So, if section 59 is not being used to shield violent and abusive parents from the force of the law, what is this anti-smacking bill all about?
In her speech to Parliament, Sue Bradford explained: “When Pkeh colonists first arrived here, they brought a culture that taught that children, along with women and servants, were the property of their father, husband, or employer, and that they were mere chattels to be brought into line by force. Section 59 is the last legal vestige of that culture”. In other words, she is using her bill as a political device to progress the Green Party’s anti-family agenda. That is why, if any amendment to better define acceptable force succeed, she has stated that the bill will be withdrawn.
Socialists have long regarded the traditional “patriarchal family” as an instrument of oppression against women. It is an on-going ideological battle. In a submission to a Parliamentary Select Committee on Women’s Rights in 1974, the Socialist Action League presented a policy programme to remove discrimination against women. A key provisions was the nationalisation of child-rearing: “The rearing, social welfare and education of children should become the responsibility of society, rather than the individual parents, upon whose limited resources all the burdens presently fall. All laws enforcing individual ownership of children should be abolished (to view an extract of the submission click here ).
With the removal of section 59 being yet another attack on parents and the traditional family unit, it is alarming to see that so many Members of Parliament – including the whole of the Labour Party – supporting this agenda. It is especially bizarre given that child abuse is much more likely to occur in broken homes than in intact families and anyone genuinely concerned about reducing child abuse in this country should be supporting measures to strengthen families not weaken them (to read my submission to the Select Committee with a plan to reduce child abuse click here ).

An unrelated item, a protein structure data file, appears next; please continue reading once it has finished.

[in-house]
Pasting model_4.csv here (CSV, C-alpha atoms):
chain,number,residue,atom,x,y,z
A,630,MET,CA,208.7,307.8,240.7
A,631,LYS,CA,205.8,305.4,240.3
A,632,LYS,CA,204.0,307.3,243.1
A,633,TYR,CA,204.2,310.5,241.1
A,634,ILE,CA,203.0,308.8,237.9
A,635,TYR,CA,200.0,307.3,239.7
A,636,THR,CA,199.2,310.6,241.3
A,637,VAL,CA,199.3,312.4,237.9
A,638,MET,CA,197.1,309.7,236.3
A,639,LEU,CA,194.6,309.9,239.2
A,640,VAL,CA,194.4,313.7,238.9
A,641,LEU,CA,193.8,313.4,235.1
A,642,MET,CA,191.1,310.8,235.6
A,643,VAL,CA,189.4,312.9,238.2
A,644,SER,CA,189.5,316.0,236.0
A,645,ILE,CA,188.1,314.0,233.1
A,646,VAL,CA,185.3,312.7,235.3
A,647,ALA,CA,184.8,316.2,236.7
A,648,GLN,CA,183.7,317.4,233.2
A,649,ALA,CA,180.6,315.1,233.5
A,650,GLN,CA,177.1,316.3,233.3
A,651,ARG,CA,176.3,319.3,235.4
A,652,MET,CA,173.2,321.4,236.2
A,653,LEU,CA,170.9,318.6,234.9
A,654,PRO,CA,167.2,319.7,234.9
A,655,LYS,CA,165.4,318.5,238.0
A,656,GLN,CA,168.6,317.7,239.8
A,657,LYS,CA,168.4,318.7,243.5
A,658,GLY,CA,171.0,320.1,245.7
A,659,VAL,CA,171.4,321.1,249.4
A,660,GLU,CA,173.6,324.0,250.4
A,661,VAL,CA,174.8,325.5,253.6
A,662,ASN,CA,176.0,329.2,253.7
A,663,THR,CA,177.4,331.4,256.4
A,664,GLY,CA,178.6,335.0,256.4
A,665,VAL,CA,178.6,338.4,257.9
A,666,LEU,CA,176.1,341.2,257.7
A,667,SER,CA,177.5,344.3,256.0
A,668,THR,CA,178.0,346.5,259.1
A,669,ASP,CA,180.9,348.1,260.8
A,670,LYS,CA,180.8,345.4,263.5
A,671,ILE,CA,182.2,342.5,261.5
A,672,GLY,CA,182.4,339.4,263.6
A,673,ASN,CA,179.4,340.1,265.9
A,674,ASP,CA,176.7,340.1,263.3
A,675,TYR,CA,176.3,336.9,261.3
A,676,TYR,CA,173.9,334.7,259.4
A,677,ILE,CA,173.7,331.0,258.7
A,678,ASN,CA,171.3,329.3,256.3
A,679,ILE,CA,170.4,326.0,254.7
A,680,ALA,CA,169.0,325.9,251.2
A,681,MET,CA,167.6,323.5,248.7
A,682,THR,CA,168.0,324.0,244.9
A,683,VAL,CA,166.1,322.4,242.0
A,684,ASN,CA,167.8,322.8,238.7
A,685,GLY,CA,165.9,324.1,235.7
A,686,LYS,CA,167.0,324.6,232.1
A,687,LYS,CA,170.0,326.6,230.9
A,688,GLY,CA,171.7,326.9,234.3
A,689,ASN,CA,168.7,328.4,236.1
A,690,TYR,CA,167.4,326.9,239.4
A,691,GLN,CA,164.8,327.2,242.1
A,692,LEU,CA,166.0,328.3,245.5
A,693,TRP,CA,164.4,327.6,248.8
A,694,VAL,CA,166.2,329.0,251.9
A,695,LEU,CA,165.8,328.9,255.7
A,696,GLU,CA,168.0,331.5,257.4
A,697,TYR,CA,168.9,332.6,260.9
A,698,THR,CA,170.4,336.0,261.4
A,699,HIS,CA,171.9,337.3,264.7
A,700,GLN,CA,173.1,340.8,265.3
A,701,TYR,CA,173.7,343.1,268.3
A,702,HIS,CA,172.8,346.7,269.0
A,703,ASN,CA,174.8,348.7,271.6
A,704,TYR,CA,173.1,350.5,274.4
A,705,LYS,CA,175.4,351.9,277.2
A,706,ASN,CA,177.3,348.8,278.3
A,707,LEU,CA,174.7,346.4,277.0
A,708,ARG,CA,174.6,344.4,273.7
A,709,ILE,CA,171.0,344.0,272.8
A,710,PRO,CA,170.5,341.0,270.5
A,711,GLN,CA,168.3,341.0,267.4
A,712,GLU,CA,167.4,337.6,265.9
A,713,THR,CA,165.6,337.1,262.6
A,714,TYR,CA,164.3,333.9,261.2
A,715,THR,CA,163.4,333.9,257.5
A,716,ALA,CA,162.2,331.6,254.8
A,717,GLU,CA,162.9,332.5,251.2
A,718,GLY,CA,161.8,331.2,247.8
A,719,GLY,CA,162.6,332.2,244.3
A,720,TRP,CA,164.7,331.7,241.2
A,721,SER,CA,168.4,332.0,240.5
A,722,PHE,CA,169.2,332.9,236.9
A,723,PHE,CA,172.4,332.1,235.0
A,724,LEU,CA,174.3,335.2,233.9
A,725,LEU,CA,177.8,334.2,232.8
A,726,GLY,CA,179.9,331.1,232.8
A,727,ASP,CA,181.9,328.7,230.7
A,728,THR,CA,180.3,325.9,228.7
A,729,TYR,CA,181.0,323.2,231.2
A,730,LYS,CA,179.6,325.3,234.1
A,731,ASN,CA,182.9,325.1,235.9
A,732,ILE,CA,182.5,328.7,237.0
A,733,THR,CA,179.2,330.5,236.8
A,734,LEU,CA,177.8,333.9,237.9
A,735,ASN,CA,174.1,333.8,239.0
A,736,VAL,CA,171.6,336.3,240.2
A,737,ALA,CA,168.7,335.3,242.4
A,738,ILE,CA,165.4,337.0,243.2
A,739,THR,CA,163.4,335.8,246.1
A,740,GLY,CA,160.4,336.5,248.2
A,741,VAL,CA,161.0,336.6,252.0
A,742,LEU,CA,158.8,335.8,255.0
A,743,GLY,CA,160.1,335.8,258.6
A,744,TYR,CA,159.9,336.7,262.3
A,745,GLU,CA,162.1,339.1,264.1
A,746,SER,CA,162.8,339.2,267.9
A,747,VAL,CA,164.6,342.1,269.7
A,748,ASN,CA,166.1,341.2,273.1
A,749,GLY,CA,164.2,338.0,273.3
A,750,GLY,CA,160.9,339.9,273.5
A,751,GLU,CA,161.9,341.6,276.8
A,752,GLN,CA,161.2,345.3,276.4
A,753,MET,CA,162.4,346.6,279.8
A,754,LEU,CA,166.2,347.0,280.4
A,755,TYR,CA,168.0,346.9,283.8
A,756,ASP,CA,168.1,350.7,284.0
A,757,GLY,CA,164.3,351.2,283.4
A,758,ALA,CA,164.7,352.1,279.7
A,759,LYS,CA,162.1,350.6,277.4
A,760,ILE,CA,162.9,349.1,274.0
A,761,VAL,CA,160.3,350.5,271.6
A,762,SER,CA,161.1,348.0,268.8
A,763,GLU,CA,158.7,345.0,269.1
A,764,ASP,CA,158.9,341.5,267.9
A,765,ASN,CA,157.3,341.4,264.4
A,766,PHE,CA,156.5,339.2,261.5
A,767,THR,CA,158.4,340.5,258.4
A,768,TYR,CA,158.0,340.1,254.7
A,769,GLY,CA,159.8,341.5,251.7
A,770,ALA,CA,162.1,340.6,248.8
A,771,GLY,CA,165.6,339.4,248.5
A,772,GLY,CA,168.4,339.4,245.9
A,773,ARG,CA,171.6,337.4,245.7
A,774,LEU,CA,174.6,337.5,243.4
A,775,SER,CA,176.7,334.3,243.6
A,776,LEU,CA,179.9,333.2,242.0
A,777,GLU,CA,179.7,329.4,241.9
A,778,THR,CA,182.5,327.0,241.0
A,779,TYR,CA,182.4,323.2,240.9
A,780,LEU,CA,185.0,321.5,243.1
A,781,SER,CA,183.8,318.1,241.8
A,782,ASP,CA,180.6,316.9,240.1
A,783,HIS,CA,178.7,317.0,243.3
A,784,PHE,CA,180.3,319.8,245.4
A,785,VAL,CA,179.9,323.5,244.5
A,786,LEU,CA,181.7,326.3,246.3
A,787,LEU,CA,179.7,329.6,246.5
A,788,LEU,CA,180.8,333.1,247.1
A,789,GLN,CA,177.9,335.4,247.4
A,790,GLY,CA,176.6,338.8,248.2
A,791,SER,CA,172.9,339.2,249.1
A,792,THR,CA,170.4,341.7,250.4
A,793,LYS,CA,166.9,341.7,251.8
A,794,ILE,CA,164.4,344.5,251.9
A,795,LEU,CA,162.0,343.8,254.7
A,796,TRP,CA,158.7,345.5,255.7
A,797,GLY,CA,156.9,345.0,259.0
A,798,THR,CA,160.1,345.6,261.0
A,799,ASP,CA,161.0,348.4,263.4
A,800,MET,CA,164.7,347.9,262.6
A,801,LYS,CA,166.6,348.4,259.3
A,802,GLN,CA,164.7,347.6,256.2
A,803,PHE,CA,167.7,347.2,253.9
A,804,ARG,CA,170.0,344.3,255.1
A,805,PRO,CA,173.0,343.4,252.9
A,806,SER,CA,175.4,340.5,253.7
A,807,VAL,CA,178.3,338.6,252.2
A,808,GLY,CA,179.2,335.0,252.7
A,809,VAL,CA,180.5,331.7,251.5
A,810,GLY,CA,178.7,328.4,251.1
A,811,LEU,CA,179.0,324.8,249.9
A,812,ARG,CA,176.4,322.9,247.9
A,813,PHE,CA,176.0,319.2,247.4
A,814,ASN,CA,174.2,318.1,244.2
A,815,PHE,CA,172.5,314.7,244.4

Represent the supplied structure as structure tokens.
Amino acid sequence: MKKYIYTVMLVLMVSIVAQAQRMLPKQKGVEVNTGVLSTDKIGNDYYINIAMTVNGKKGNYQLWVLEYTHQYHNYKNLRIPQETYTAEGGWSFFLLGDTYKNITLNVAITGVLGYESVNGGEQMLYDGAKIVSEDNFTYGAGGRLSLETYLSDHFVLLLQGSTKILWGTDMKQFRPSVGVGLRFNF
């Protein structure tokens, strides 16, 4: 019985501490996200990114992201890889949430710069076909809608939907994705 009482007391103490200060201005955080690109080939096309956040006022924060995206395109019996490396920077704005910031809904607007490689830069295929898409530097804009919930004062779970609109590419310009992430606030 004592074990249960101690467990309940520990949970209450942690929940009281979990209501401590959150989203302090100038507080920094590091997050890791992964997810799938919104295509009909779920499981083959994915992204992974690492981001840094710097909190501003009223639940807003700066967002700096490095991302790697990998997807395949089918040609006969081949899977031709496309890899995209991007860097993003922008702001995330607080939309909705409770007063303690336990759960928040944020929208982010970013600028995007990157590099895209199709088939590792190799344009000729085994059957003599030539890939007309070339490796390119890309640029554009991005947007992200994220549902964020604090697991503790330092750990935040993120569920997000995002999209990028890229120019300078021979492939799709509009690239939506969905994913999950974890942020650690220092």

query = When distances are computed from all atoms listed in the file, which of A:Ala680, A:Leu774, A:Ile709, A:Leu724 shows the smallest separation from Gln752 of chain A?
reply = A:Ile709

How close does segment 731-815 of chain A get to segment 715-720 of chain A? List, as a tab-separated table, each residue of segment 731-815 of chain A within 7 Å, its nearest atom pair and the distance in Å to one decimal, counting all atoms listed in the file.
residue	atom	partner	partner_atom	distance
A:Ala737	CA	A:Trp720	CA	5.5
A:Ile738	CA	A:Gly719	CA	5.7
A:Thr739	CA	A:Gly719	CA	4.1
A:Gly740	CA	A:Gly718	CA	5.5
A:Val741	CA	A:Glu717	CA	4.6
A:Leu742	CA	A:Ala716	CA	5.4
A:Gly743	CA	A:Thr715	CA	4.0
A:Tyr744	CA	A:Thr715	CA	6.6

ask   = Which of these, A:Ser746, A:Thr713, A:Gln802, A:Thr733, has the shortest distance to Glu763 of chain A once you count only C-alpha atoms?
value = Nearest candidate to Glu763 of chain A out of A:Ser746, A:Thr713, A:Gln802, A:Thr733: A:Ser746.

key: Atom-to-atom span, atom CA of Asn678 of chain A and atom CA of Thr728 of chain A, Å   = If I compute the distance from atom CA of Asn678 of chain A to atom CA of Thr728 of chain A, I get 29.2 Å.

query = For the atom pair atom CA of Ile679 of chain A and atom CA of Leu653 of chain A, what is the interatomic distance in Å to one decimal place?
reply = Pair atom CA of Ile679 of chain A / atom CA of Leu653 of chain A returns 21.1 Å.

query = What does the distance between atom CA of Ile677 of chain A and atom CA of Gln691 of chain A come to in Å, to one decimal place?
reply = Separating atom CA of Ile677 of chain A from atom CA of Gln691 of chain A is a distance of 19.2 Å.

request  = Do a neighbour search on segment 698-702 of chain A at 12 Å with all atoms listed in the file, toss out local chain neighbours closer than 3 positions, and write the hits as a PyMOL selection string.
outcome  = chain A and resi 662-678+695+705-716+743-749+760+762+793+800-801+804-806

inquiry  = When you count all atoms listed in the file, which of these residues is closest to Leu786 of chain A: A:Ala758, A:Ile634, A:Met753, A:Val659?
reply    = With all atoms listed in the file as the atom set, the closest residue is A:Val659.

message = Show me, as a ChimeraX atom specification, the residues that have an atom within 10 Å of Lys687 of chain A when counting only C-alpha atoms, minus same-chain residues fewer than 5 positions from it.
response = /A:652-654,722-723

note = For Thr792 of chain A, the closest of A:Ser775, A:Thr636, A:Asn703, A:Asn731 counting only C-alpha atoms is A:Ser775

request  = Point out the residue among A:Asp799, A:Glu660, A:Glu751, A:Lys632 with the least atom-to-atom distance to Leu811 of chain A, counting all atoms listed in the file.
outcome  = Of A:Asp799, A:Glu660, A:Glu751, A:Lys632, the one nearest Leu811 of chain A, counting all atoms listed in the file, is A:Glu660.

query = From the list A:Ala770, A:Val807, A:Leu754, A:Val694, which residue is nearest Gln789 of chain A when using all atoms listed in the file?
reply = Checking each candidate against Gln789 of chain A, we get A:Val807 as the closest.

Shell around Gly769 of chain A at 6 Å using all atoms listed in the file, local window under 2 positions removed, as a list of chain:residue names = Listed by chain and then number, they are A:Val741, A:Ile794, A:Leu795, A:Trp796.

When Sue Bradford’s Private Member’s Bill was originally drawn back in 2005, the Labour Party was more circumspect about its support. It recognised the overwhelming public opposition to the bill and agreed to support it only as far as a select committee. It was then intended to allow Labour MPs to use a conscience vote. That was, however, when Labour commanded a majority in the House that did not have to rely on the support of the Green Party. Now that the Greens hold the balance of power, Labour has decided against conscience votes.
The majority of New Zealanders know that this bill is unnecessary. They recognise that families, who raise their children in traditional ways teaching them values and showing them boundaries, are doing a good job. They also know that the last thing these parents need is the state intruding right into the heart of their family, claiming to know better than they how to raise their children.
If you feel concerned about this bill being passed into law, then I urge you to speak out. Contact your Member of Parliament and share your views. The addresses of each MP can be found on the MPs page of the NZCPD website (click to view).
Finally, Melanie Phillips looked at this issue a few years ago, when the House of Lords decided to amend their law by better defining a smack. It is well worth reading and is featured as this week’s NZCPD guest commentary. View her article .
The poll this week asks whether you believe that the removal of section 59 will reduce child abuse in New Zealand? Take part in poll
Reader’s comments will be posted on the NZCPD Forum page click to view .